On September 9, MPD is set to release a month’s worth of comprehensive stop-and-frisk data, the first report of its kind in DC. While MPD released basic stop-and-frisk data before—where the stop happened, the race of the person in question—the September report will include new information, such as the reason for the stop, the duration of the stop, and whether a search was conducted. The release of the report comes after a three-year-long battle between MPD and DC’s ACLU chapter to get the District to comply with the 2016 Neighborhood Engagement Achieves Results (NEAR) Act, which requires extensive records of all police stops.
Though the collection of the stop-and-frisk data is just one of the 20 provisions in the NEAR Act, its release could signal a major step towards better police accountability, according to groups like Black Lives Matter and ACLU, both of which filed multiple FOIA requests to get access to the data. Earlier this year, MPD told the ACLU that the data was only available in footage from more than 31,000 body camera videos—which the ACLU estimated would take more than 109 days of nonstop viewing to analyze and cost $3.6 million in redaction fees. “Now, obviously that’s impractical, and that was the entire point,” Scott Michelman, legal co-director for ACLU-DC, told Washingtonian. “They wanted to avoid anyone being able to piece together this information. I think they’re scared of what the data will show.” Though MPD argued that such reporting would require too much paperwork, the ACLU drafted a one-pager officers could fill out, modeled after a form used by the NYPD, to illustrate how simple the process could be. During the back and forth with MPD, the ACLU, along with BLM and Stop Police Terror Project DC, filed a lawsuit against the city for this information and, in June, the DC Superior Court ruled that MPD had 28 days to fully comply with the NEAR Act.
Deputy Mayor for Public Safety and Justice Kevin Donahue says the city is finally publishing that data on a continuing basis, starting with September’s report, which focuses on data collected between July 22 and August 18. Donahue says the report will be published in a way that’s readable to the layperson but will also be available in “its raw form,” so that the public can ask questions and analyze the data themselves. He says the report will be the “demonstration of compliance that the ACLU’s been waiting for.”
The NEAR Act, introduced by Ward 5 Councilmember Kenyan McDuffie, was passed in 2016 as a direct response to the significant jump in recorded homicides in 2015. Fully funded by the mayor’s 2018 budget, the legislation followed a model used in Richmond, California and created the Office of Neighborhood Safety and Engagement (ONSE). The ultimate goal was to reach those who were most at risk of getting involved in gun violence as early as possible, while also seeking to improve police encounters in communities where violent crimes were most prevalent. For the most part, the District has fulfilled the 20 titles laid out in the act.
But some groups, like the ACLU, were left wondering what took so long for the city to fully comply with the section on data collection. MPD says this process required significant upgrades to its databases in a way that prolonged the process. Additionally, the police department had to redesign its moving violation tickets to reflect the new data being recorded—including the race given by the driver, the duration of the stop, whether the stop leads to a search, and if something illegal is (or is not) found. Indeed, the expanded data collection includes traffic stops and “use of force” incidents. Donahue hopes the changes will “start conversations that will make us better, fairer, and more equitable as a city.”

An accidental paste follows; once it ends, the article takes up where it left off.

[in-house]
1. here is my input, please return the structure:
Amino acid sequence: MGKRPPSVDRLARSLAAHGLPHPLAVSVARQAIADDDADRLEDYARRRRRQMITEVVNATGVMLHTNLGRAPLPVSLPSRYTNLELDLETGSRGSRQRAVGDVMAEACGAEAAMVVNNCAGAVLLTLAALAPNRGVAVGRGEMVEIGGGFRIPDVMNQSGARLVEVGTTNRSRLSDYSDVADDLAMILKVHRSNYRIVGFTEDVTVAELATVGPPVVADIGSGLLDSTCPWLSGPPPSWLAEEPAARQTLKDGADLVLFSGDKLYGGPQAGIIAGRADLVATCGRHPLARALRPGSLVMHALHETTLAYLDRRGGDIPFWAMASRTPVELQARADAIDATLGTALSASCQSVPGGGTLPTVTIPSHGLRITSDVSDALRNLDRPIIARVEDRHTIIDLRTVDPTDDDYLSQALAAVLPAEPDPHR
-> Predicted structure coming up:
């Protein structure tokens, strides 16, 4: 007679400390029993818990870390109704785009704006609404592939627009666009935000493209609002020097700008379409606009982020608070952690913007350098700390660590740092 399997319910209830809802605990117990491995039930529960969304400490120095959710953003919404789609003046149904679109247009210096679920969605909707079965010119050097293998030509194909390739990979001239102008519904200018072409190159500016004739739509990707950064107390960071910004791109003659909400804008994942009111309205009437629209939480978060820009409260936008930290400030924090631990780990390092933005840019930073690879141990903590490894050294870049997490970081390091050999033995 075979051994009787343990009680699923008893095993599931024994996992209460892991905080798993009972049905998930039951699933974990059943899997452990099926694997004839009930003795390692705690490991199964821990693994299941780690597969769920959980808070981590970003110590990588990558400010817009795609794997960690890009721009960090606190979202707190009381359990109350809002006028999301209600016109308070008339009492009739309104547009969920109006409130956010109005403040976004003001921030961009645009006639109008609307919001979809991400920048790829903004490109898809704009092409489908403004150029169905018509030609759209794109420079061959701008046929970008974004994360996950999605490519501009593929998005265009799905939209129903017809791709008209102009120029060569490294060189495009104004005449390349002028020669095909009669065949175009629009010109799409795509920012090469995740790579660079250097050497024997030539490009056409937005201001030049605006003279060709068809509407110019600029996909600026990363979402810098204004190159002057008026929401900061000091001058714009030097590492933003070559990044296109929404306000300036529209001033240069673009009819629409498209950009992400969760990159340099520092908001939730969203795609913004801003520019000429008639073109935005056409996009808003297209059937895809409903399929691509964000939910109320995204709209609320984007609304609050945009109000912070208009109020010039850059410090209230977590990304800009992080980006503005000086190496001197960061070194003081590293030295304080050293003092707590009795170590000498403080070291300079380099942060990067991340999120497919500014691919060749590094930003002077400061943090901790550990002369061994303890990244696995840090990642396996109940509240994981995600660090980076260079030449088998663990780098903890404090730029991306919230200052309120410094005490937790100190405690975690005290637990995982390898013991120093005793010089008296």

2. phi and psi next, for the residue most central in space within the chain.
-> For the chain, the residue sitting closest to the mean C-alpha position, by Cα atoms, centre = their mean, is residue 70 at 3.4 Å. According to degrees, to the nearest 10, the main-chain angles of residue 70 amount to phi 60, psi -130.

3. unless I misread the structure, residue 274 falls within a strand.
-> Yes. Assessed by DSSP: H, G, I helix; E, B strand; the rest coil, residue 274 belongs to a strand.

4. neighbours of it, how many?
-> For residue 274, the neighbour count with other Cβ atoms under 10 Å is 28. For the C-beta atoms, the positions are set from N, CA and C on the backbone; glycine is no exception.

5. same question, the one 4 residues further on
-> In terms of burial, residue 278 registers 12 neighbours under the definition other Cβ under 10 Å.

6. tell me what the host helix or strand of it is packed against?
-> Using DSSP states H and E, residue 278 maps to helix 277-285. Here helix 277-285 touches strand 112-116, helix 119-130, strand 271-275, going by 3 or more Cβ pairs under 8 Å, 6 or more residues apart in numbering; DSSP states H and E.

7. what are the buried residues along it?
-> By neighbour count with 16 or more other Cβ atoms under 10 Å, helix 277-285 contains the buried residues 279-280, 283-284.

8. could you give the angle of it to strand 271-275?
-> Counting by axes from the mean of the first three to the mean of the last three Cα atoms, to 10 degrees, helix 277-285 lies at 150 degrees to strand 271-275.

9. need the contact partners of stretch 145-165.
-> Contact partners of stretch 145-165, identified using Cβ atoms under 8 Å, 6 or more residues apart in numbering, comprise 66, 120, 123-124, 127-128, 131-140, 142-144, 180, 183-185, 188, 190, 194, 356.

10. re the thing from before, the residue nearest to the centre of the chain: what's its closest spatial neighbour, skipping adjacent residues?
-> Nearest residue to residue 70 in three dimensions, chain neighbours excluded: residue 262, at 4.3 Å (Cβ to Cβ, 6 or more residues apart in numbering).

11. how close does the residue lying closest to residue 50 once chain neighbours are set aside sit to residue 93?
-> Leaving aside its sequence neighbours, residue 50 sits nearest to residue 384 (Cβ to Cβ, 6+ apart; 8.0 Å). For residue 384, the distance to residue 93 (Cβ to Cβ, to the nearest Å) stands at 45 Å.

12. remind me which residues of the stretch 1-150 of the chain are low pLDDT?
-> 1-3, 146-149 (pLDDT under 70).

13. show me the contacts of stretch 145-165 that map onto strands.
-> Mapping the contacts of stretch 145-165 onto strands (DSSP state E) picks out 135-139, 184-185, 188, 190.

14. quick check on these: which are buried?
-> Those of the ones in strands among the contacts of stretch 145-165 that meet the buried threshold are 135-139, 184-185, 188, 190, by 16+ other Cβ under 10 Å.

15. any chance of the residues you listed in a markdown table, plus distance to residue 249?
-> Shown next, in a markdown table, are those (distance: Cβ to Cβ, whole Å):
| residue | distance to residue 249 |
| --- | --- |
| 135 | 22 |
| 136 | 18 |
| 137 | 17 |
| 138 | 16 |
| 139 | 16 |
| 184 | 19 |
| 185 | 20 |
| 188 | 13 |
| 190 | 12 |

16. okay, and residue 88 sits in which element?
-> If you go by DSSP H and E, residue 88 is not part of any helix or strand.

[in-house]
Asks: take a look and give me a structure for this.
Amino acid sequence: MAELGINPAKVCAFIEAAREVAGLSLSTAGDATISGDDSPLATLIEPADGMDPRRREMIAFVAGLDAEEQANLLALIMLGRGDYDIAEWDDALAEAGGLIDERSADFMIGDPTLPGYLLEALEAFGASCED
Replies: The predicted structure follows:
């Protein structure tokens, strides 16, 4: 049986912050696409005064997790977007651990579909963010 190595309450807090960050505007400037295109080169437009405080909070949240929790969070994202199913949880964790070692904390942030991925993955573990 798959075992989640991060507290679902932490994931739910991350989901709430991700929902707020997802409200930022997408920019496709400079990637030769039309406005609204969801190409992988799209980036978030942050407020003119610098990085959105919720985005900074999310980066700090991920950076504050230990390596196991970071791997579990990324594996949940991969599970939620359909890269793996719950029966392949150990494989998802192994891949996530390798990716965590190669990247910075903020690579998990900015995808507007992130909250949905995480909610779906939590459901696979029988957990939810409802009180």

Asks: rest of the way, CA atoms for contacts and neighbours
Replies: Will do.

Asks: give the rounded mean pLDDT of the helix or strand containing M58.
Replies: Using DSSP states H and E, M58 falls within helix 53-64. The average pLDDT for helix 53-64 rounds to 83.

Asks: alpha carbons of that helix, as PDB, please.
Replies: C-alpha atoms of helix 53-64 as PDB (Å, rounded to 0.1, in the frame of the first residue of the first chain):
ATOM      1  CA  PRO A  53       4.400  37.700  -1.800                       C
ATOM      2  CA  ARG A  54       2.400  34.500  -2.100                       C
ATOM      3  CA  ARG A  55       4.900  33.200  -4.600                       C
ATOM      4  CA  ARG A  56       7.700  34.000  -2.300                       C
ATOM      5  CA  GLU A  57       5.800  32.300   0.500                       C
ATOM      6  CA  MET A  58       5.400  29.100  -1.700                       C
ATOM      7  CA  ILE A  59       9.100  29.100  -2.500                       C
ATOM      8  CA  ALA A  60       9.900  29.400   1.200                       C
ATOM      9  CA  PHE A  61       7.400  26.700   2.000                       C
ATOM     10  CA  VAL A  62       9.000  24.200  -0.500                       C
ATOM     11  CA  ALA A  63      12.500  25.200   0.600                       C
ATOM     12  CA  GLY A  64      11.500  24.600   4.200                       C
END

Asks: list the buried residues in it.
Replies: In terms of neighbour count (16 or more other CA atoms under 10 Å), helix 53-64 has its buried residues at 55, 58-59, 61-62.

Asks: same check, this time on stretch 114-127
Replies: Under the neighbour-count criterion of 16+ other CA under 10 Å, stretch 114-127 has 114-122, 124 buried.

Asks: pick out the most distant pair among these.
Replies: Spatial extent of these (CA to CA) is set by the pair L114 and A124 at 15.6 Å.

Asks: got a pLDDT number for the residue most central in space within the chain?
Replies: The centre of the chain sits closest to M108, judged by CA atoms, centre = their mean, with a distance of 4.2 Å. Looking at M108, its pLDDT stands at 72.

Michelman isn’t fully convinced of the District’s compliance: “The police have been dragging their feet, obfuscating the degree of their compliance, misleading the public, and trying to stave off a court order for going on three years now.” Still, he says, the report is a major step forward, hopefully providing a comprehensive look at how DC residents are being policed—and, specifically, whether black residents are disproportionately being stopped, searched, and arrested.
“We want to see if DC police are carrying out their responsibilities fairly and constitutionally and neutrally as we hope they are,” says Michelman. “We’re sure many individual DC police officers do. We want to make sure that they are behaving in a constitutional manner across the board, as opposed to potentially singling people out based on their race, or without appropriate suspicion for investigation.”
Because the city uses two systems to collect this data, Michelman says there’s still a chance the information will be misrepresented—for example, stops could be recorded twice, which could skew percentages. While Donahue says the two systems have been well integrated, the ACLU remains concerned that the systems are not compatible (as in, one system providing more options for the officer to select than the other). In other words, we’ll have to wait until September 9 to know if the District has fully complied.
“The devil here is in the details,” Michelman says, “and it always has been.”
This story has been updated with the correct date the data will be released.